The first approaches to typologies of homeless persons were based on differing features of certain groups of homeless people, developed in part to describe the population and in part to ascribe a causal relation of these features to homelessness. Such studies, published from 1912 to the 1980s, have been reviewed by Louisa Stark (1992). Nearly all of these studies were derived from surveys of single homeless persons and were based on homeless shelter-based populations. Despite the fact that homeless people were typecast in different ways at different times, several major types were described: First, people were classified as unemployed workers, alcoholics, mentally ill, and chronically physically ill or disabled. Elderly people and “bums” constituted two additional, albeit much smaller, groups. Recognizing the heterogeneity of homeless people, Bahr and Caplow (1973) attempted to reduce this diversity to a single operational feature. They postulated a Durkheim-like concept of disaffiliation, a detachment from social roles and institutions, as a common pathway to homelessness. They distinguished three major categories of disaffiliation resulting from external changes that leave the individual with few affiliations: (1) society withdrawing from the individual in periods of economic depression, war, persecution, etc; (2) from individual choice (opting out of societal roles); and (3) handicap or lifetime “unsocialization” resulting from mental illness or other chronic disorders (Bahr and Caplow, 1973). This theory lost ground in the next 2 decades as studies showed that homeless people had a network of social roles and institutional or personal affiliations, albeit usually not with rich people.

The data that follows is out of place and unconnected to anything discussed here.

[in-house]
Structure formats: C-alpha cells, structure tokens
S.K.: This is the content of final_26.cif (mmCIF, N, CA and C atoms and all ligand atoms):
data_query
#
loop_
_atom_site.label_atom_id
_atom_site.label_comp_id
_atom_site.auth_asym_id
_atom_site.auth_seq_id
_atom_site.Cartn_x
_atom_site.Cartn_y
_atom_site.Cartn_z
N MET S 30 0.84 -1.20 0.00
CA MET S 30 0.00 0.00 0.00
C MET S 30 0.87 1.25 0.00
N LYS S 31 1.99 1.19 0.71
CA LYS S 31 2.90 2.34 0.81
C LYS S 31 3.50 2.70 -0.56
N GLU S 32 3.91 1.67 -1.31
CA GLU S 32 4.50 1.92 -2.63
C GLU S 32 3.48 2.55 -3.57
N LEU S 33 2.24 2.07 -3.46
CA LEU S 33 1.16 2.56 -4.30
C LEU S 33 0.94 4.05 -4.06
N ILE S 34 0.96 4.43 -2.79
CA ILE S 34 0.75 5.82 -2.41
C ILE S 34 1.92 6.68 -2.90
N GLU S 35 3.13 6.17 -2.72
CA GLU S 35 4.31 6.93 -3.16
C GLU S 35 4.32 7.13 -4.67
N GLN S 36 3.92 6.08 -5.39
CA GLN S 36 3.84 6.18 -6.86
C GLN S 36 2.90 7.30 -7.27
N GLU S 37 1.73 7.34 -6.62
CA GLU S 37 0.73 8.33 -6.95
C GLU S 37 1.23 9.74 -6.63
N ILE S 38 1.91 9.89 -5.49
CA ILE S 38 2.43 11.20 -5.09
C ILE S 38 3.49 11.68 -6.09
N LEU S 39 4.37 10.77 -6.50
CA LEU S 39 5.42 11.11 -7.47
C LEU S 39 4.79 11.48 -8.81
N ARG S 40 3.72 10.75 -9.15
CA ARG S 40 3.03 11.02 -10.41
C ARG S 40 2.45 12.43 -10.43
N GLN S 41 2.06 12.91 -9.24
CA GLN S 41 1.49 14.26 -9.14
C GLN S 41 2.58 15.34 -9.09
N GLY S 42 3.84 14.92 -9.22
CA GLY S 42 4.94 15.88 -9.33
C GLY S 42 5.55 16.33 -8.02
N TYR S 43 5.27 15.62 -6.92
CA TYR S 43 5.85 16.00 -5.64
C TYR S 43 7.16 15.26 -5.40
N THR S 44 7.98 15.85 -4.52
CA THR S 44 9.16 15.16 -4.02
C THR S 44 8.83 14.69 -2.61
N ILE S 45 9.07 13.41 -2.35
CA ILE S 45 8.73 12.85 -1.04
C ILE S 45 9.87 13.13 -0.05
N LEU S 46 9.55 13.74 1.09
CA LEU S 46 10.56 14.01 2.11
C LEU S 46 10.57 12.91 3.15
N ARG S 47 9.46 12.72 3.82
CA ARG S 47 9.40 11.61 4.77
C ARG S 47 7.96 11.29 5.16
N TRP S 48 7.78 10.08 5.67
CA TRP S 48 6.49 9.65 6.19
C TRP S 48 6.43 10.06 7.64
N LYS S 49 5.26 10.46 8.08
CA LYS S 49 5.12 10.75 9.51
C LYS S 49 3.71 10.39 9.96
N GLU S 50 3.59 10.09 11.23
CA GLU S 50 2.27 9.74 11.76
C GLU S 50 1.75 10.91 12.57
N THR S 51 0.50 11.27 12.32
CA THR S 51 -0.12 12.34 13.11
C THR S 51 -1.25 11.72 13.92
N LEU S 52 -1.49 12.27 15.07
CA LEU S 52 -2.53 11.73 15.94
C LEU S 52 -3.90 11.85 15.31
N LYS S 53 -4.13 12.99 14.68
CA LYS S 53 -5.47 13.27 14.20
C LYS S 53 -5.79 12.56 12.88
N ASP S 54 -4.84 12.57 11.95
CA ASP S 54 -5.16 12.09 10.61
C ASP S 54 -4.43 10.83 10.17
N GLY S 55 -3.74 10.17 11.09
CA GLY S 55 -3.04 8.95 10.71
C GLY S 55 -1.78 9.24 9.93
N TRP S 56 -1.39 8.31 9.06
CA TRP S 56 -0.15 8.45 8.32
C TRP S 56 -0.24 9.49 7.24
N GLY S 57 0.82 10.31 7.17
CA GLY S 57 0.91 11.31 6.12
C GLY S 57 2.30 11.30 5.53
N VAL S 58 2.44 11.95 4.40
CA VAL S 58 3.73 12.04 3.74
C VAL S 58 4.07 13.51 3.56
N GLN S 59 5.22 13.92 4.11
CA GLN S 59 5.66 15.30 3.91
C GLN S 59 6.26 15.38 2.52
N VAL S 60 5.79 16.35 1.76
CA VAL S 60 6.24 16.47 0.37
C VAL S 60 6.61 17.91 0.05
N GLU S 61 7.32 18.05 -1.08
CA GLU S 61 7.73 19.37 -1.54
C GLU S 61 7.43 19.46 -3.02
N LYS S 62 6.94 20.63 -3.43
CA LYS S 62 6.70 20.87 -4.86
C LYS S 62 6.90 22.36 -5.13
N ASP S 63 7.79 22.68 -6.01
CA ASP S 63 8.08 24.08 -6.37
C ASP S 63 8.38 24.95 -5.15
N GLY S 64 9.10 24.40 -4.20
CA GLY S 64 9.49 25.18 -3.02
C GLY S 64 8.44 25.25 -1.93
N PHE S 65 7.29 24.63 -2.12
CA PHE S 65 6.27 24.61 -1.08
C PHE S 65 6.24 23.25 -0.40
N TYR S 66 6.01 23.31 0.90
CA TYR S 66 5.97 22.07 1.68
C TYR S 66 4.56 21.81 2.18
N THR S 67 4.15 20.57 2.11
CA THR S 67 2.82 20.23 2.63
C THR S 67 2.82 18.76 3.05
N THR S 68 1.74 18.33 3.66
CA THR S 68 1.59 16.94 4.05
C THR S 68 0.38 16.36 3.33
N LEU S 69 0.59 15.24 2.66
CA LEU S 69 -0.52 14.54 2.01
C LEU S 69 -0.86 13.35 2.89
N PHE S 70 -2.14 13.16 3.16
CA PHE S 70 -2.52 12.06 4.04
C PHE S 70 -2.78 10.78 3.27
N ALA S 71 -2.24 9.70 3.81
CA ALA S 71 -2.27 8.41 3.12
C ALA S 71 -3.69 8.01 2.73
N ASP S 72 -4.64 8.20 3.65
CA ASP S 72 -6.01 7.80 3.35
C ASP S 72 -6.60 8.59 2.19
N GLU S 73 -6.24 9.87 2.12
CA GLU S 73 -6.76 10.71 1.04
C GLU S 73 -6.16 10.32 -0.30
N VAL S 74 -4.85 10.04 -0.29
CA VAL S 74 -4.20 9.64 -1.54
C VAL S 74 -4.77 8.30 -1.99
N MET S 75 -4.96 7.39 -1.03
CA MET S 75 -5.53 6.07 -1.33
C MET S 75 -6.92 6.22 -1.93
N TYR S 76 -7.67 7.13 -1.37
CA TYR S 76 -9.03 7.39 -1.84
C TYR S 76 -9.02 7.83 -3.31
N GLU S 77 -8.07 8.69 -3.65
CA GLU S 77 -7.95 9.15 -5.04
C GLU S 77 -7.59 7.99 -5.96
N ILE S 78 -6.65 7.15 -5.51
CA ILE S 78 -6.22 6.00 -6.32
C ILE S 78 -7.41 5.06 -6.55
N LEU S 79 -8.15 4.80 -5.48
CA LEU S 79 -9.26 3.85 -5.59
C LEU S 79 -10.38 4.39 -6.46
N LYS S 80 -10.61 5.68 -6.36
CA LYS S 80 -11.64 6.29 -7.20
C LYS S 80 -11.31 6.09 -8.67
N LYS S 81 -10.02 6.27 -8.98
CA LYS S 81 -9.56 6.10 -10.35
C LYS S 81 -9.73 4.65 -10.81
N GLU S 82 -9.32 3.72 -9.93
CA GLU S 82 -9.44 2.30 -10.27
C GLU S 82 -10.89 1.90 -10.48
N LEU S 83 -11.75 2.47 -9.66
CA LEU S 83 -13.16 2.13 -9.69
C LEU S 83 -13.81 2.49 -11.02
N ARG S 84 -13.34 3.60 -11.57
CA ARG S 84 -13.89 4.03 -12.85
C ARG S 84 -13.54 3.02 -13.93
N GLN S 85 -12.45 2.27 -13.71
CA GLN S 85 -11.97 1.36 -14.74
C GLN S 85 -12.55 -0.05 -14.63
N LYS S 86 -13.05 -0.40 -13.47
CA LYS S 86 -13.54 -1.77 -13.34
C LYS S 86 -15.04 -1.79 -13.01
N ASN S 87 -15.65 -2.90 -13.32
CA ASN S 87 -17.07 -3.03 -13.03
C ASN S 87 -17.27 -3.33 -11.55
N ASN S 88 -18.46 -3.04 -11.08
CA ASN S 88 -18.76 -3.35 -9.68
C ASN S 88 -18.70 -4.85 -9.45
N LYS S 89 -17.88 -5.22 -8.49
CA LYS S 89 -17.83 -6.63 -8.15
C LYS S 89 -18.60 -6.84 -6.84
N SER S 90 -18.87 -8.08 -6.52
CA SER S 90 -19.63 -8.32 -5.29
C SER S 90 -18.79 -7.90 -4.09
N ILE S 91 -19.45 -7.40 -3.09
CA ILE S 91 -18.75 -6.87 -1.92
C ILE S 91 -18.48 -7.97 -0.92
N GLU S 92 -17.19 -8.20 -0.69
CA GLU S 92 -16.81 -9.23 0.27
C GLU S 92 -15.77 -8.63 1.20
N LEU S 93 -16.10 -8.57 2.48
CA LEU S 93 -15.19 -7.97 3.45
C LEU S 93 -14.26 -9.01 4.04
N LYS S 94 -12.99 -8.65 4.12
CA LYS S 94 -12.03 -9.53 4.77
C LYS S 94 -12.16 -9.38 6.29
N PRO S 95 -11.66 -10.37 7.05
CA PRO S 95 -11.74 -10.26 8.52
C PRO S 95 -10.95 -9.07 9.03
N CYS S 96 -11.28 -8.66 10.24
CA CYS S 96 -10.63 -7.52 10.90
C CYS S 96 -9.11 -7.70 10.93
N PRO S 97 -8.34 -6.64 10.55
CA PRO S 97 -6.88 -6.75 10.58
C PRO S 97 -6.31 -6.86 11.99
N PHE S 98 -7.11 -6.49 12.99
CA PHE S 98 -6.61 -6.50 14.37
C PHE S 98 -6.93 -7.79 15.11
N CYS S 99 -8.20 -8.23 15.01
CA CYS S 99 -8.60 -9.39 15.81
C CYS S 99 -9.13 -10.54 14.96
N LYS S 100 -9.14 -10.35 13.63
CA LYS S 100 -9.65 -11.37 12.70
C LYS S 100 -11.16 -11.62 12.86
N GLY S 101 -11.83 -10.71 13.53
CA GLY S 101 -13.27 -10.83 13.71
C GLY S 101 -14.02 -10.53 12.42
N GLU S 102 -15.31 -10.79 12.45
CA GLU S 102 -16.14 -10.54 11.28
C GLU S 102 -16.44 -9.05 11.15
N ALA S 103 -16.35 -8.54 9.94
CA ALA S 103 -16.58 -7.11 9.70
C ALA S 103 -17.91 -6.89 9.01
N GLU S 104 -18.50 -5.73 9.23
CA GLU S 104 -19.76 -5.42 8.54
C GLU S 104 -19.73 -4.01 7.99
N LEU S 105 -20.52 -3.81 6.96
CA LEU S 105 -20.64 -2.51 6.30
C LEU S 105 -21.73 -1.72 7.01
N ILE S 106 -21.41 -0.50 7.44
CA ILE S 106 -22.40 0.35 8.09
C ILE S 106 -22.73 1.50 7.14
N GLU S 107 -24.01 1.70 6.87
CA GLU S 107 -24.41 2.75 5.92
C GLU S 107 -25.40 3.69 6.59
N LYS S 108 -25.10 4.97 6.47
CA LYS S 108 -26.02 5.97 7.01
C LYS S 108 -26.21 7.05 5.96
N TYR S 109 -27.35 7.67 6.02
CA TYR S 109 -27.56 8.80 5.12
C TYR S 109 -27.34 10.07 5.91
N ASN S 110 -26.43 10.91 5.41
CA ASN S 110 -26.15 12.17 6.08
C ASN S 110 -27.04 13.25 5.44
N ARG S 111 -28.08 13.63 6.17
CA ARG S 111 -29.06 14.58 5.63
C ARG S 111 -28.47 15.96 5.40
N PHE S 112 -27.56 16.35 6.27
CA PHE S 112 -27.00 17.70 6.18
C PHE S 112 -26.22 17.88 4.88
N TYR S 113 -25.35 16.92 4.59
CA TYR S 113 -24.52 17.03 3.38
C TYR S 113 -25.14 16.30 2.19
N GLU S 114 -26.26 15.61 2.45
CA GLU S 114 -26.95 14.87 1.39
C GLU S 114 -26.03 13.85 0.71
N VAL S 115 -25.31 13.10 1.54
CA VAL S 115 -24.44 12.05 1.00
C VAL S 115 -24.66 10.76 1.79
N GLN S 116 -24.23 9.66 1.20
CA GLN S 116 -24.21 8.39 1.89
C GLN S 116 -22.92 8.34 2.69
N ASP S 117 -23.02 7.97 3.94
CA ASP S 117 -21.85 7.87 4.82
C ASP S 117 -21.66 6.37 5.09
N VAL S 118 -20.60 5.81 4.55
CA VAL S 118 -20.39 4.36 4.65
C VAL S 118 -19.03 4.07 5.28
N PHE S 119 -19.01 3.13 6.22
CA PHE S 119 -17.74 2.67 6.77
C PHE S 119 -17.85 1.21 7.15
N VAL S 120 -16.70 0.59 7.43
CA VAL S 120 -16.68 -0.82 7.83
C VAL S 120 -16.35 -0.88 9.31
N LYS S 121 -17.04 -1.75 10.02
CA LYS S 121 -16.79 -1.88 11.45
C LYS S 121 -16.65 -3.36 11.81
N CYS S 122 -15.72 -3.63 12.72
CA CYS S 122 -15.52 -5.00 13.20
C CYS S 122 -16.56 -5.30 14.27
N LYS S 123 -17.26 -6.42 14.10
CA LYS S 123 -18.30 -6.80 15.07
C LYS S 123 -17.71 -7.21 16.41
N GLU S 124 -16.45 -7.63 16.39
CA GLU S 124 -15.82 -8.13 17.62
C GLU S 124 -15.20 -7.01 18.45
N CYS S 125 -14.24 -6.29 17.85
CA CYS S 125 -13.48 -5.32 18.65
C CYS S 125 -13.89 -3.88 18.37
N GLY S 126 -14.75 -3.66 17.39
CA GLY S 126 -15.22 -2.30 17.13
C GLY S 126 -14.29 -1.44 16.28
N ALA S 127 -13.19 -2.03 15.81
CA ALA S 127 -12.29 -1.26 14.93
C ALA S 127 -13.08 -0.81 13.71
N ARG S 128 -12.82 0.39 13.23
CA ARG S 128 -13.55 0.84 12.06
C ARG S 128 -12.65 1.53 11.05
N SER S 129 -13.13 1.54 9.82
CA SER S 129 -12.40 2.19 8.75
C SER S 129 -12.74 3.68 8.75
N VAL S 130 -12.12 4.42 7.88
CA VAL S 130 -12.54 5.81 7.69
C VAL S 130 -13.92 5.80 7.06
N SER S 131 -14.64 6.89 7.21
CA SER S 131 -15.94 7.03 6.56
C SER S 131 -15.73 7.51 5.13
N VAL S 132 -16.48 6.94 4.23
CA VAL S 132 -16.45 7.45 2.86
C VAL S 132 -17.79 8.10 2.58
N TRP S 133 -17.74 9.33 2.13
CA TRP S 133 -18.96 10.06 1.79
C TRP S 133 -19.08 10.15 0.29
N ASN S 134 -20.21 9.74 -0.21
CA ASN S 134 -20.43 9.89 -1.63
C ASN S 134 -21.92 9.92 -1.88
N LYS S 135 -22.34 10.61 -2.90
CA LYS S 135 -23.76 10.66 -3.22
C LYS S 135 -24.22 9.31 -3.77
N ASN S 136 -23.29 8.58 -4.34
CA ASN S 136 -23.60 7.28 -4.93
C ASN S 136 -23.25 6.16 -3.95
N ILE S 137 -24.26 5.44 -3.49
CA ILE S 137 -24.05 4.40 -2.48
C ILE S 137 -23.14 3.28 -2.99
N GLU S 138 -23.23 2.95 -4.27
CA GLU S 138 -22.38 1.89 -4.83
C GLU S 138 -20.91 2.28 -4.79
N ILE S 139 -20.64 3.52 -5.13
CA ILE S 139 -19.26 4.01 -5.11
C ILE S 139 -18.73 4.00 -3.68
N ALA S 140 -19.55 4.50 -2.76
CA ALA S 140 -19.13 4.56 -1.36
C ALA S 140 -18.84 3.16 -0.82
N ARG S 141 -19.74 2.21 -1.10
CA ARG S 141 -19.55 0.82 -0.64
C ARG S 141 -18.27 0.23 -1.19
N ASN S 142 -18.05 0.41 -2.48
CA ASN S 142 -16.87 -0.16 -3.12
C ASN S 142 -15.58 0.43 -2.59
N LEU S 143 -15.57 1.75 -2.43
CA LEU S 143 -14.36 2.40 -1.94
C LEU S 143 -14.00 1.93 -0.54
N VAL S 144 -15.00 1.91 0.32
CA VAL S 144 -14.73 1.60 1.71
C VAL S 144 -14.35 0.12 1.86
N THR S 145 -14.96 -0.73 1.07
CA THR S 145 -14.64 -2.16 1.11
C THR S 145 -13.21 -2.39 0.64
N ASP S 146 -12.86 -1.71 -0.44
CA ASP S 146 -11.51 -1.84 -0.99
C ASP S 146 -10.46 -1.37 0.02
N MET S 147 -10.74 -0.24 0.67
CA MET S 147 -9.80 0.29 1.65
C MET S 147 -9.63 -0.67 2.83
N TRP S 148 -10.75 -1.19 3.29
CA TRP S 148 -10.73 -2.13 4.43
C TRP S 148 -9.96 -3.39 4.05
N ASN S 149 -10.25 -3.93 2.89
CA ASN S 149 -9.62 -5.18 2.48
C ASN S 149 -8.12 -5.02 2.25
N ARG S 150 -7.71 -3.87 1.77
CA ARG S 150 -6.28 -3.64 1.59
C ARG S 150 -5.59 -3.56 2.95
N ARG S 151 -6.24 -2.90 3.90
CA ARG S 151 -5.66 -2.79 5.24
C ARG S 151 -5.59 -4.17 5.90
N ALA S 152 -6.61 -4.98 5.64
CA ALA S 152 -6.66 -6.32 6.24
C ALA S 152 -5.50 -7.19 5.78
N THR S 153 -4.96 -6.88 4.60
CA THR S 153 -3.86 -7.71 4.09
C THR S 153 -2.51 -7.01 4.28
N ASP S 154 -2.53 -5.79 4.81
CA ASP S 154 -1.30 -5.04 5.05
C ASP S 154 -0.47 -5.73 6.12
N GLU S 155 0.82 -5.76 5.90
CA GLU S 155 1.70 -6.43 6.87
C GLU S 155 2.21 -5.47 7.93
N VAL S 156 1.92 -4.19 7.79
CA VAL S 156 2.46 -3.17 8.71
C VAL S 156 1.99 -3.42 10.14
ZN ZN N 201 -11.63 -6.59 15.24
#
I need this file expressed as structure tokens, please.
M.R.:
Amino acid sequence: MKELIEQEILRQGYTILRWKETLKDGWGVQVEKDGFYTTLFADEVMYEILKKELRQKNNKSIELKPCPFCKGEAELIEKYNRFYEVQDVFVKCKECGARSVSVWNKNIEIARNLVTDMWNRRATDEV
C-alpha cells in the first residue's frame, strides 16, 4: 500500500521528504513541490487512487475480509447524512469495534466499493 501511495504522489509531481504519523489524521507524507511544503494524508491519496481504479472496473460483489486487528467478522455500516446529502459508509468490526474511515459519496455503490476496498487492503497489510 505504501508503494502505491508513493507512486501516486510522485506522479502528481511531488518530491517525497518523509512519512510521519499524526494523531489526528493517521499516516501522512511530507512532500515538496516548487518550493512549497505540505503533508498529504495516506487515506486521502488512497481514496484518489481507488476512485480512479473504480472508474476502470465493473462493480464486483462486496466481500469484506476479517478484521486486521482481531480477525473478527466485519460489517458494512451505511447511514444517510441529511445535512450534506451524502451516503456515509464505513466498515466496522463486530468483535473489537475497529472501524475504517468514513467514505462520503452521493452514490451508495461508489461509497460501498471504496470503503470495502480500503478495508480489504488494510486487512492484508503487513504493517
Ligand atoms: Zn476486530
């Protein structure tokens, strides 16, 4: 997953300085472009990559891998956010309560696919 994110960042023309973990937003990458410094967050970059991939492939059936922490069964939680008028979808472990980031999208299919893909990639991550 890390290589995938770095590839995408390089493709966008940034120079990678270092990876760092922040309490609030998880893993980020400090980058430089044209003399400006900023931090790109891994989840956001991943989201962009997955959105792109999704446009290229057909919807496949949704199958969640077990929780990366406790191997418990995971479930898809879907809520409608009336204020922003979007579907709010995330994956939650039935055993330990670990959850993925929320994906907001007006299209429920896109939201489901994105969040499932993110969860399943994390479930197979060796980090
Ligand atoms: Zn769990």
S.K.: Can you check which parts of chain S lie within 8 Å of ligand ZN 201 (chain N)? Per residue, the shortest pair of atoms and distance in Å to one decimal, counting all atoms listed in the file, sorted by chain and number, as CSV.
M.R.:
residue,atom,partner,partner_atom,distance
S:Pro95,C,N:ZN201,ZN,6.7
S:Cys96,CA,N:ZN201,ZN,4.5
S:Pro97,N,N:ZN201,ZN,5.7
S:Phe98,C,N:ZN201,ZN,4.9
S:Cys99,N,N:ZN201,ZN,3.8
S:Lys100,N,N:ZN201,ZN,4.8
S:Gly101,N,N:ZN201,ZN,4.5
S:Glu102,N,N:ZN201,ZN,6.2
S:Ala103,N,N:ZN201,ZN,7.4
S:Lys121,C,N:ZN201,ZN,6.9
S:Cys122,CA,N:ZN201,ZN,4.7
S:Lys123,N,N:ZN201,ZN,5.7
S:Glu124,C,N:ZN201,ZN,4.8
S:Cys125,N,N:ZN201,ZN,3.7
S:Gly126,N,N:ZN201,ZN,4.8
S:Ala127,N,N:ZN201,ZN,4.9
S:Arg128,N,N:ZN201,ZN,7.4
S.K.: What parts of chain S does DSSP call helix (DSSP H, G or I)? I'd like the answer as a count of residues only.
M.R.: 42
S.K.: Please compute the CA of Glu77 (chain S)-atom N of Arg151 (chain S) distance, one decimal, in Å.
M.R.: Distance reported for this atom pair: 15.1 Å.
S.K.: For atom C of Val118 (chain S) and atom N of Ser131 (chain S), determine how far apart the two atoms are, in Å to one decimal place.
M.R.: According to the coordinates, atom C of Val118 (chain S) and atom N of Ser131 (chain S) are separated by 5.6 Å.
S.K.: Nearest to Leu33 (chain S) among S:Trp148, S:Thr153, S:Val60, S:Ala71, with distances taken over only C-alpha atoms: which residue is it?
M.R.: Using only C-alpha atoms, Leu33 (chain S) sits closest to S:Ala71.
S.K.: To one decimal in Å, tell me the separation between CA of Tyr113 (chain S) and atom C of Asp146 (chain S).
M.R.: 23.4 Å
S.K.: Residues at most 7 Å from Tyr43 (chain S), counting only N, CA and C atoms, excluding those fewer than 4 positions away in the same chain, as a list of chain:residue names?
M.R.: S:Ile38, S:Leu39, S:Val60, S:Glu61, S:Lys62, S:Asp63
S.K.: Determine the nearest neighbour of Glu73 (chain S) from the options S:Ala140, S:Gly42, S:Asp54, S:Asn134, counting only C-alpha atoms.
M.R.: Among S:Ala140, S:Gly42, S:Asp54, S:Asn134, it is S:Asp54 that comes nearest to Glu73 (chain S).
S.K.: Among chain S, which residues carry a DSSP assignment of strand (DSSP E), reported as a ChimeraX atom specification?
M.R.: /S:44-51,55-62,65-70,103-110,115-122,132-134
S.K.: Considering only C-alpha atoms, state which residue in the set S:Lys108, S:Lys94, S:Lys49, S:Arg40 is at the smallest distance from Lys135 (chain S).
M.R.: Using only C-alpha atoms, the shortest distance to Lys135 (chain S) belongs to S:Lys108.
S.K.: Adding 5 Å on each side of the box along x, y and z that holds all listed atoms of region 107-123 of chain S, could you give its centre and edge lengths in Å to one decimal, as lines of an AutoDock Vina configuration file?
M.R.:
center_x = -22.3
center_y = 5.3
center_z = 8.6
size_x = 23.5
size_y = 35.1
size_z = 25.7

This typological approach continued even after the growth of homelessness and changes in the homeless population that included younger homeless single people and families in the 1980s. For instance, Fischer and Breakey (1985) grouped mission users into the chronically mentally ill, the chronic alcoholic, street people, and the “situationally distressed.” Other typologies of some of these groups were subsequently published, some of which were highly disaggregated. For instance, Shepherd (2000), who used cluster analysis with a population of homeless adults, distinguished 11 profiles (malingerers, depression with alcoholism, symptom minimizers, psychotic avoiders, service avoiders, newly homeless, local ethnic minority, women with children, healthy family, other-Caucasian, and nondrug users).
The 1980s saw homelessness emerge as a major social problem, and several streams of research on the homeless population were initiated (see Institute of Medicine  and Jahiel [1992a] for reviews). The only common factor in this very heterogeneous homeless population was extreme poverty, associated with a decrease in low income housing in the late 1970s and 1980s (e.g., Calsyn and Roades, 1994). The concept of homelessness as a manifestation of extreme poverty began to replace that of homelessness as social disaffiliation. Homelessness was seen as an aggregate rather than an individual problem due to the disequilibrium between the number of poor people and the number of low-income housing units: a certain number of people had to become homeless at a given time unless the housing supply was increased, and environmental, situational, and personal characteristics determined who was most vulnerable to become part of that population (McChesney, 1992a).
Some years ago, Jahiel (1987) described a dichotomy between two types of homelessness: benign homelessness and malignant homelessness. Benign homelessness means that the state of homelessness causes relatively little hardship, lasts for a short time and does not recur soon. For these people, it is relatively easy to gain back a home and a stable tenure on that home. Malignant homelessness means that the state of homelessness is associated with considerable hardship or even permanent damage to the person who is homeless. It lasts for a relatively long time or recurs at short intervals; extraordinary efforts must be expended to gain back a home with a stable tenure, and these efforts are often unsuccessful.